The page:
In November 2015, Grayson Clary in The Atlantic wrote an article with the provocative title, “Why Sci-Fi Has So Many Catholics.” In fact, science and science fiction can be sources of great joy, including spiritual joy, in keeping with a core principle of Jesuit spirituality: “Find God in all things.”
I write as a scientist and fan of science fiction. Recently, I participated at a workshop at Notre Dame University: “Trying to Say ‘God’: Re-enchanting Catholic Literature.” The organizers explain: “The main title is drawn from Fanny Howe’s Winter Sun, referring to the reluctance of many writers to write about religion and spirituality in a time when religion is suspect or passé. They might choose to avoid traditional religious terminology, yet there has been a turn to religion and spirituality among a number of poets, novelists, memoirists, and science fiction writers, and some authors grope for new forms of saying ‘God.’ ” Thus the conference set up discussions of poetry, fiction, creative nonfiction and memoir, fantasy and science fiction, bringing together both well-known and emerging writers who, in the words of the organizers, “struggle with spiritual topics in their writings and attempt to do so in new ways.” In the light of this I want to explore fantasy and science fiction from my Catholic perspective.
The taste for science fiction and fantasy literature
I started reading science fiction at a very young age about the same age as when I became an altar boy. In the public library of the town where I grew up, science fiction was kept on a shelf right at the entrance to the “grown-up” section. I suspect the librarians put it there thinking such books were barely suitable for adults; I saw them as an entree into the world of “real” novels, much as being an altar boy was a step into participating in the liturgy of the Church. My family were all heavy users of the library, and when my siblings and I had chosen the books we wanted from the children’s section, we would wait for our mother at the front of the regular library, next to the science fiction books.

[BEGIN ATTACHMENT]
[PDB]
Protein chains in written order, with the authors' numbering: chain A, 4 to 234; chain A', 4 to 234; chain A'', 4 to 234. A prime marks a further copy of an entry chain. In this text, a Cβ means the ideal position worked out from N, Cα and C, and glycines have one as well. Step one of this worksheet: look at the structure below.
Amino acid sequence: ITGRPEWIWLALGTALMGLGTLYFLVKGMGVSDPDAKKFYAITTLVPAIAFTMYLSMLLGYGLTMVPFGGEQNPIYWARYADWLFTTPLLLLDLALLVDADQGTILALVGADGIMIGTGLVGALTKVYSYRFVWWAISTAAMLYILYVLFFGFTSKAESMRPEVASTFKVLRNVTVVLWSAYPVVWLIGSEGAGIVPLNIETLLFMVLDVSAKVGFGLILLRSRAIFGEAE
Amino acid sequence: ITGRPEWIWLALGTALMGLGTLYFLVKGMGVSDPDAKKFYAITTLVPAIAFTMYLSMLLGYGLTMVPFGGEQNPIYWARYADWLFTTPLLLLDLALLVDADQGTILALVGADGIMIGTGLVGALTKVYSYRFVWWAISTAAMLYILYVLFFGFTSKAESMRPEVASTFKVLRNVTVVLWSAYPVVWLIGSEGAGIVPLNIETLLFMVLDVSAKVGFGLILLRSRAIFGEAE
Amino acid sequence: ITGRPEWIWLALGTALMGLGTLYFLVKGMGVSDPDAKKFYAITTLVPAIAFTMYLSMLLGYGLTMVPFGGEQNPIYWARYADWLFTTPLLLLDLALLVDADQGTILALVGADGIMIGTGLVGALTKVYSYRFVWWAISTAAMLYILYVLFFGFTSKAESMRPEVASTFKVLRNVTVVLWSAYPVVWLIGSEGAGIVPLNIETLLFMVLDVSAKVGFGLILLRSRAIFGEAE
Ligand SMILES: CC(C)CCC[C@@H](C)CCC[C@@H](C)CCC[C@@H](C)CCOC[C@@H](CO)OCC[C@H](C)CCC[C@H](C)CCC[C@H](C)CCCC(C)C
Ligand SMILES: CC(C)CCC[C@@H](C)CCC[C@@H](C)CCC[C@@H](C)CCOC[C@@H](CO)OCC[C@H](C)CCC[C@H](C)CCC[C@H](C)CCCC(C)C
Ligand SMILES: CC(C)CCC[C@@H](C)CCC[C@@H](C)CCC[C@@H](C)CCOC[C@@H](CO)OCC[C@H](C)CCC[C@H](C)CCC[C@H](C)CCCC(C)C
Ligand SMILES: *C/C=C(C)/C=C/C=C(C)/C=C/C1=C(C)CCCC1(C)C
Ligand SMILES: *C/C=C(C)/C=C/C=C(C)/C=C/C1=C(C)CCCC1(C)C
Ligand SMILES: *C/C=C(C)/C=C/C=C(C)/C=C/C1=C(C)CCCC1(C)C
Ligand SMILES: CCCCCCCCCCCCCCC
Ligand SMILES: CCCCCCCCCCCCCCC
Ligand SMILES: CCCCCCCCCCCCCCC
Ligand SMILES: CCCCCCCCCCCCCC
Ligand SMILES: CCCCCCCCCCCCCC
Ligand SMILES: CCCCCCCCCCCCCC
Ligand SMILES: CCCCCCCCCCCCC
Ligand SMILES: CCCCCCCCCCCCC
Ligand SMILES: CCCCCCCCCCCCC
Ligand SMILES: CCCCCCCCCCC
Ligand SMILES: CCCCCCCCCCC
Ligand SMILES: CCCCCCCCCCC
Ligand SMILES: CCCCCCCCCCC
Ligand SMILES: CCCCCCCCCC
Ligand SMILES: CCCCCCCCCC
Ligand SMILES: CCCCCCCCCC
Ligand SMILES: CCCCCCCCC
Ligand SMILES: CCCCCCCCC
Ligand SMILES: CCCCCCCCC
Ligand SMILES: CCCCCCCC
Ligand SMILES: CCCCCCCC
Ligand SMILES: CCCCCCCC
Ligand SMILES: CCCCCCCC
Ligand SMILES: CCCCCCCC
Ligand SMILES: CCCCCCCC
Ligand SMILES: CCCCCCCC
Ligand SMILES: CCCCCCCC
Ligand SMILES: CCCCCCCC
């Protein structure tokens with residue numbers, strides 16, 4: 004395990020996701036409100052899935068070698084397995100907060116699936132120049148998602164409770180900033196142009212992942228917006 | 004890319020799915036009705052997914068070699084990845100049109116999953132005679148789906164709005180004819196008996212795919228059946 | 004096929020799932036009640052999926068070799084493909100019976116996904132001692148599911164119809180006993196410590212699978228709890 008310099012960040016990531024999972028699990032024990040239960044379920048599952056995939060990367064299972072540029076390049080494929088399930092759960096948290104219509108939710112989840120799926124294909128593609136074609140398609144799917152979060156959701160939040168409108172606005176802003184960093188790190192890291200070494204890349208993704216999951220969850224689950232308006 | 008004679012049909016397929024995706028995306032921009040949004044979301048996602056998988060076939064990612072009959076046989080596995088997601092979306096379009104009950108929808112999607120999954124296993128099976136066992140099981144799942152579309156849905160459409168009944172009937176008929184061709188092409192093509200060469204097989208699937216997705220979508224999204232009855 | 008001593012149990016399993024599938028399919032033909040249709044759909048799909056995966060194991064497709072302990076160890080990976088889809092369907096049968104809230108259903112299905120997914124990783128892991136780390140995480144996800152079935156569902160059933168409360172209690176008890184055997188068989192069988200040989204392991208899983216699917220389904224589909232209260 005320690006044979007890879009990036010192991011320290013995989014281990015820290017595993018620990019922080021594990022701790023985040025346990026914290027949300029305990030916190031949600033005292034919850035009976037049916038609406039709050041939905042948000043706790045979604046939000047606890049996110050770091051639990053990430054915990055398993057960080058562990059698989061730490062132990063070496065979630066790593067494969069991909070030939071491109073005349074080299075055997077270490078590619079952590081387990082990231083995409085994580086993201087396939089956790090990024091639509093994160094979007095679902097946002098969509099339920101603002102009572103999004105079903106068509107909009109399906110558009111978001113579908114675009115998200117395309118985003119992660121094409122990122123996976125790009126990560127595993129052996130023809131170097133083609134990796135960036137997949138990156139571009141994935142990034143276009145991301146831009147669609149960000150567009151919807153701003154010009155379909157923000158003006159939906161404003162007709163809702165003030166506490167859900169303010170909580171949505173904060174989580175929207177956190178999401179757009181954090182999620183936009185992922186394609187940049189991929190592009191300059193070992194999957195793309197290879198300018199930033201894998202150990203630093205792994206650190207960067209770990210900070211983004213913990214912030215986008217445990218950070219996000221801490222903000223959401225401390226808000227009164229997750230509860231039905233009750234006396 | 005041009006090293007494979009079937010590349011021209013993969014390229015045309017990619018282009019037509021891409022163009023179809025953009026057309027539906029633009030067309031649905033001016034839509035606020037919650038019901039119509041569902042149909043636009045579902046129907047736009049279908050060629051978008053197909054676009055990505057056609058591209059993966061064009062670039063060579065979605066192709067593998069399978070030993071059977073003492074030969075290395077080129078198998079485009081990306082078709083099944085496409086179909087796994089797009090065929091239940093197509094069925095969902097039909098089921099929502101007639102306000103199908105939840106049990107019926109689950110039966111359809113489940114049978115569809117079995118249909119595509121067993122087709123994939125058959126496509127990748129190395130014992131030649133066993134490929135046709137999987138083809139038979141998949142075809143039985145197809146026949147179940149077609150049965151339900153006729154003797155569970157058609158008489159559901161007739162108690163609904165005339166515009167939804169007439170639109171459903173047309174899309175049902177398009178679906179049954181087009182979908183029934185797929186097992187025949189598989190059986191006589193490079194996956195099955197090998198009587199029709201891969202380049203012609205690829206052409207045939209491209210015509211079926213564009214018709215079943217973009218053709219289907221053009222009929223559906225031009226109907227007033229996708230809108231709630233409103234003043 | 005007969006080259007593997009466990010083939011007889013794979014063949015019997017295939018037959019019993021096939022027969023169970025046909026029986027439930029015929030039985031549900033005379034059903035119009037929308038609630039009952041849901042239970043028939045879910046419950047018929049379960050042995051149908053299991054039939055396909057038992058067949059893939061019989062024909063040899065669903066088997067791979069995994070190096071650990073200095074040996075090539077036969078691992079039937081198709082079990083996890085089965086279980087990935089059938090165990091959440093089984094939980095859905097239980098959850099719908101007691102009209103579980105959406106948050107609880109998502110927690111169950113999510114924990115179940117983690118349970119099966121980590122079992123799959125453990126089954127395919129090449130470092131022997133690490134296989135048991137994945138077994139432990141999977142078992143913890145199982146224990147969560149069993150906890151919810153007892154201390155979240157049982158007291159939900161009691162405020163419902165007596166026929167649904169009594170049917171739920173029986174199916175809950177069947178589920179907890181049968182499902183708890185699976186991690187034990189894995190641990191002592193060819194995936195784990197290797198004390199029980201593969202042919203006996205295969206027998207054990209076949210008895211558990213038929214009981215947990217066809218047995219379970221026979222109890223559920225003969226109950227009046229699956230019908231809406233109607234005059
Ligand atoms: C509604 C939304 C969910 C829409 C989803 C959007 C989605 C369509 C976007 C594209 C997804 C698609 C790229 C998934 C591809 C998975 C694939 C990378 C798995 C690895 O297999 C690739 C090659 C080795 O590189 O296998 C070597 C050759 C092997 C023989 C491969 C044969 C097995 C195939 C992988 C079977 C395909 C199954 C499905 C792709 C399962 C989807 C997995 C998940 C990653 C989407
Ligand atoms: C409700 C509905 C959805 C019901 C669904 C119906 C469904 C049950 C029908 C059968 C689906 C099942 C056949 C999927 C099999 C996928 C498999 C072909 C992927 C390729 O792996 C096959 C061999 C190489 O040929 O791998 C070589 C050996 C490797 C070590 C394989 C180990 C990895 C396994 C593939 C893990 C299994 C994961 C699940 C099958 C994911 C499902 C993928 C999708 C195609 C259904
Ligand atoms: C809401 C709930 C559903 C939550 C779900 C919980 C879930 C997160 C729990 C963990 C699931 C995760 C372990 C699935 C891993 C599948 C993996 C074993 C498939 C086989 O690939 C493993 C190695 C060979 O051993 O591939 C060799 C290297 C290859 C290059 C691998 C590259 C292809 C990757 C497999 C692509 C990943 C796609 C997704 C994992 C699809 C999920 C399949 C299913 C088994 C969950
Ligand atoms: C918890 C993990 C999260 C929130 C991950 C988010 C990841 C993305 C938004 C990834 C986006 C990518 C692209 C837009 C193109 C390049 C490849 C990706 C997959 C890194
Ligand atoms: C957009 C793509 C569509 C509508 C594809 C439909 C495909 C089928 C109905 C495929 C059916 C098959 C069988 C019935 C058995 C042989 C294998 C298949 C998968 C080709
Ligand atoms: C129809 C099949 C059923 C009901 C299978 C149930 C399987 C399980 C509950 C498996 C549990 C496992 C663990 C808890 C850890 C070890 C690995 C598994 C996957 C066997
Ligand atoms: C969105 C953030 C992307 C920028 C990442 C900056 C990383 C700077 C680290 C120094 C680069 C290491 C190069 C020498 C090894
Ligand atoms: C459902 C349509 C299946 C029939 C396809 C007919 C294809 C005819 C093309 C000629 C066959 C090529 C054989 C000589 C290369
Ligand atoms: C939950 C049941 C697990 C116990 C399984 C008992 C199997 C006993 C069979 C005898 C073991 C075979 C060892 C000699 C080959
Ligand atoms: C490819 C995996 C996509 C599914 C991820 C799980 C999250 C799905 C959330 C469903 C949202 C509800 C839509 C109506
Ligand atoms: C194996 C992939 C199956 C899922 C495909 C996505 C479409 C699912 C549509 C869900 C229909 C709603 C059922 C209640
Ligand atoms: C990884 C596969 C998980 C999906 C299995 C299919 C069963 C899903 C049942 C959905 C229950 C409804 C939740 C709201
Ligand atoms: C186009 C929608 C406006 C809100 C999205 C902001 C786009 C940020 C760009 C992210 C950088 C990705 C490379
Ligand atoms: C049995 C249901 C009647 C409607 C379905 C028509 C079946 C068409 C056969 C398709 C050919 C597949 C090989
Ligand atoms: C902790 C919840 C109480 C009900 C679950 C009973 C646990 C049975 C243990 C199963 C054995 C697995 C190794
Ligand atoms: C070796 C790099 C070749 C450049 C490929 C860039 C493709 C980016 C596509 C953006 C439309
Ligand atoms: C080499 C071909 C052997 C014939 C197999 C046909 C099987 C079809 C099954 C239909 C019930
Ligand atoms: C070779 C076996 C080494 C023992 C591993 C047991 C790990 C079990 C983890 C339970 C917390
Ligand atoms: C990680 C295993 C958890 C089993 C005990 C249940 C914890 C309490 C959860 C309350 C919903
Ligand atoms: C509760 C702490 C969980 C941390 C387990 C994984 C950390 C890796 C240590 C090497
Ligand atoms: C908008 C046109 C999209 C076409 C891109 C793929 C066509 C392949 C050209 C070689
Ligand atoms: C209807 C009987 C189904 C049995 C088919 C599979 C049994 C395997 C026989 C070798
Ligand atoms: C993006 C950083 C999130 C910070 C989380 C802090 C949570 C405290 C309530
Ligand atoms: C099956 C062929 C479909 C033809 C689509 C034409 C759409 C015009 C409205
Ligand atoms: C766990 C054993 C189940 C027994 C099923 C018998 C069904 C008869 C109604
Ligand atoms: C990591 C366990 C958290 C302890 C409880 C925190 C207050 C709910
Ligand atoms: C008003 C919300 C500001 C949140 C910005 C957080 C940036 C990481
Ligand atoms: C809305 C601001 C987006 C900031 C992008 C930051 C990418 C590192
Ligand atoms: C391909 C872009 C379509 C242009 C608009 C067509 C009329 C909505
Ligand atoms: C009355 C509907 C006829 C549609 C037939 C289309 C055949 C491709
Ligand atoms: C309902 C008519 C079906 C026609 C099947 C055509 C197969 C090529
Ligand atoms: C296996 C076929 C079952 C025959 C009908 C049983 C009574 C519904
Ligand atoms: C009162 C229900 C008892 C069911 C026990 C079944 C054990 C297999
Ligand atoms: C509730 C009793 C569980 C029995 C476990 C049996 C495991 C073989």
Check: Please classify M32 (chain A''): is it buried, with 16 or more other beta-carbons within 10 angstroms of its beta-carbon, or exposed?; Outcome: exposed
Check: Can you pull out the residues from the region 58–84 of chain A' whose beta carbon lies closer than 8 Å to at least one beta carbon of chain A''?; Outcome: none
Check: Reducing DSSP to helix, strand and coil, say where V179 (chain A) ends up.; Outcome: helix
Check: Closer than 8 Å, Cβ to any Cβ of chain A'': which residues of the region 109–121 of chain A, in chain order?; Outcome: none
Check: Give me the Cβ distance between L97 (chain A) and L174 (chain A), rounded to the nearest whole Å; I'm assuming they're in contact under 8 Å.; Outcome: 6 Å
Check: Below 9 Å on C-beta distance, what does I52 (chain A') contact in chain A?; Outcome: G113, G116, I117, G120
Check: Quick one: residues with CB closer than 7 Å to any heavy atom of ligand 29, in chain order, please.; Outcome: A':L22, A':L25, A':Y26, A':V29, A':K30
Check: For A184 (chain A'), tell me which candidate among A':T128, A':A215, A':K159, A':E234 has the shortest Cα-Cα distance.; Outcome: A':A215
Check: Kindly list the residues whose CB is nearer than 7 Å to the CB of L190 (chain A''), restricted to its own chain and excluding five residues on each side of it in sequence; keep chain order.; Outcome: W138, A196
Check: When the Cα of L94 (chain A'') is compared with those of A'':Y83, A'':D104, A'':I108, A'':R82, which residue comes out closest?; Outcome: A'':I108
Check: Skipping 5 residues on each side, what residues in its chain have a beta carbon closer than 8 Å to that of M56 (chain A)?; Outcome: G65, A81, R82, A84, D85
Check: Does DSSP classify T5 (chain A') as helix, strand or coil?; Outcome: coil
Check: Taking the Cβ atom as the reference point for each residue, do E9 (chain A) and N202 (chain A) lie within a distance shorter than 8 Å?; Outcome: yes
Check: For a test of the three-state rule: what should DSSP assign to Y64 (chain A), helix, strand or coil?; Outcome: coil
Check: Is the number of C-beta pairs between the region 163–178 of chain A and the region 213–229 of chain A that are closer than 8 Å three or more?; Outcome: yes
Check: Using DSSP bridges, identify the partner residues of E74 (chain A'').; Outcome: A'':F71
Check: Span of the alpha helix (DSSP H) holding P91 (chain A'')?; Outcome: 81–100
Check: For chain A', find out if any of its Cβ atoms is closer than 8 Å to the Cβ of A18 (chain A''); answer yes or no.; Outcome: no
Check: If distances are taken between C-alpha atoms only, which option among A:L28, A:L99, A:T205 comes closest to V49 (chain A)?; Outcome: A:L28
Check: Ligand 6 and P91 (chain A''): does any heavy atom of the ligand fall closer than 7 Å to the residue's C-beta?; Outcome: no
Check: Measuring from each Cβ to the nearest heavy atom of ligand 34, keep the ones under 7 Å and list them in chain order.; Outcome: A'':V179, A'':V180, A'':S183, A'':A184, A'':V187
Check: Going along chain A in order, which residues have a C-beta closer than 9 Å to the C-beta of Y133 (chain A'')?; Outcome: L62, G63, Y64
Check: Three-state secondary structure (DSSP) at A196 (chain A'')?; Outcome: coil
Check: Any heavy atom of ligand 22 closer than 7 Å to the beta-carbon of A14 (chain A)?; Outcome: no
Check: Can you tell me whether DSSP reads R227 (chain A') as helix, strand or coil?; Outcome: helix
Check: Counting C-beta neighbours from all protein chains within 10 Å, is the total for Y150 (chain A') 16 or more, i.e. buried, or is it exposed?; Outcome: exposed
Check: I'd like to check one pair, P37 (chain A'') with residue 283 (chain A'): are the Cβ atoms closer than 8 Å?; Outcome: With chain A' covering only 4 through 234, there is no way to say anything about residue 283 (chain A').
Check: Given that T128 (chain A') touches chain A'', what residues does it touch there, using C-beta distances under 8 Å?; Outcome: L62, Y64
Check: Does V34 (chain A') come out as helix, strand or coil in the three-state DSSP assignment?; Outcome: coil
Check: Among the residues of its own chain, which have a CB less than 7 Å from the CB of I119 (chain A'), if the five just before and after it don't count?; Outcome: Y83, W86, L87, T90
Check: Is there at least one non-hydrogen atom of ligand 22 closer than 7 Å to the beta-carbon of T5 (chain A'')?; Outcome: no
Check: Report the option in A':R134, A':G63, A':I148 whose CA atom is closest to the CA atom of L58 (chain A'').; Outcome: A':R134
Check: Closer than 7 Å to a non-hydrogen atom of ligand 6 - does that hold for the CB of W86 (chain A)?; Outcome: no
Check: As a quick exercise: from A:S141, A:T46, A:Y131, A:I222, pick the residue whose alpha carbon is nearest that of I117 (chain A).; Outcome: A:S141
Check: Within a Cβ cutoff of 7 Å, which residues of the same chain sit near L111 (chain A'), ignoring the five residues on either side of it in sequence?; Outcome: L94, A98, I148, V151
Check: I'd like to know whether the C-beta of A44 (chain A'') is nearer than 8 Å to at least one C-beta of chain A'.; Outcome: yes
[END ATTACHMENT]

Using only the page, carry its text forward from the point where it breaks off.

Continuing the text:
The book that really whetted my taste for science fiction was a compilation of classic “Golden Age” (1940s) short stories, A Treasury of Great Science Fiction, edited by Anthony Boucher. Boucher (the pen name of William A. P. White) was a founder and editor of The Magazine of Fantasy and Science Fiction, long considered the most literate of the science fiction magazines. And as it turns out, Boucher was also noted in the science fiction world for being a devout Catholic. At a time when a strict materialism like that of Herbert G. Wells was considered de rigueur for a “modern” rational-thinking scientific person, his Catholicism was considered quite an oddity.
Though it is hard to find many books of short stories in the bookstores today, and the traditional science fiction magazines have a dwindling circulation, short stories still remain the perfect starting point for a science fiction reader or writer. Unlike a novel, a short story can survive well on one clever idea and a few deftly-sketched characters. Even better, the brevity of the format means that there’s no room for the major pitfalls of too many bad novels (and not just science fiction novels): pointless side plots or dreary descriptions.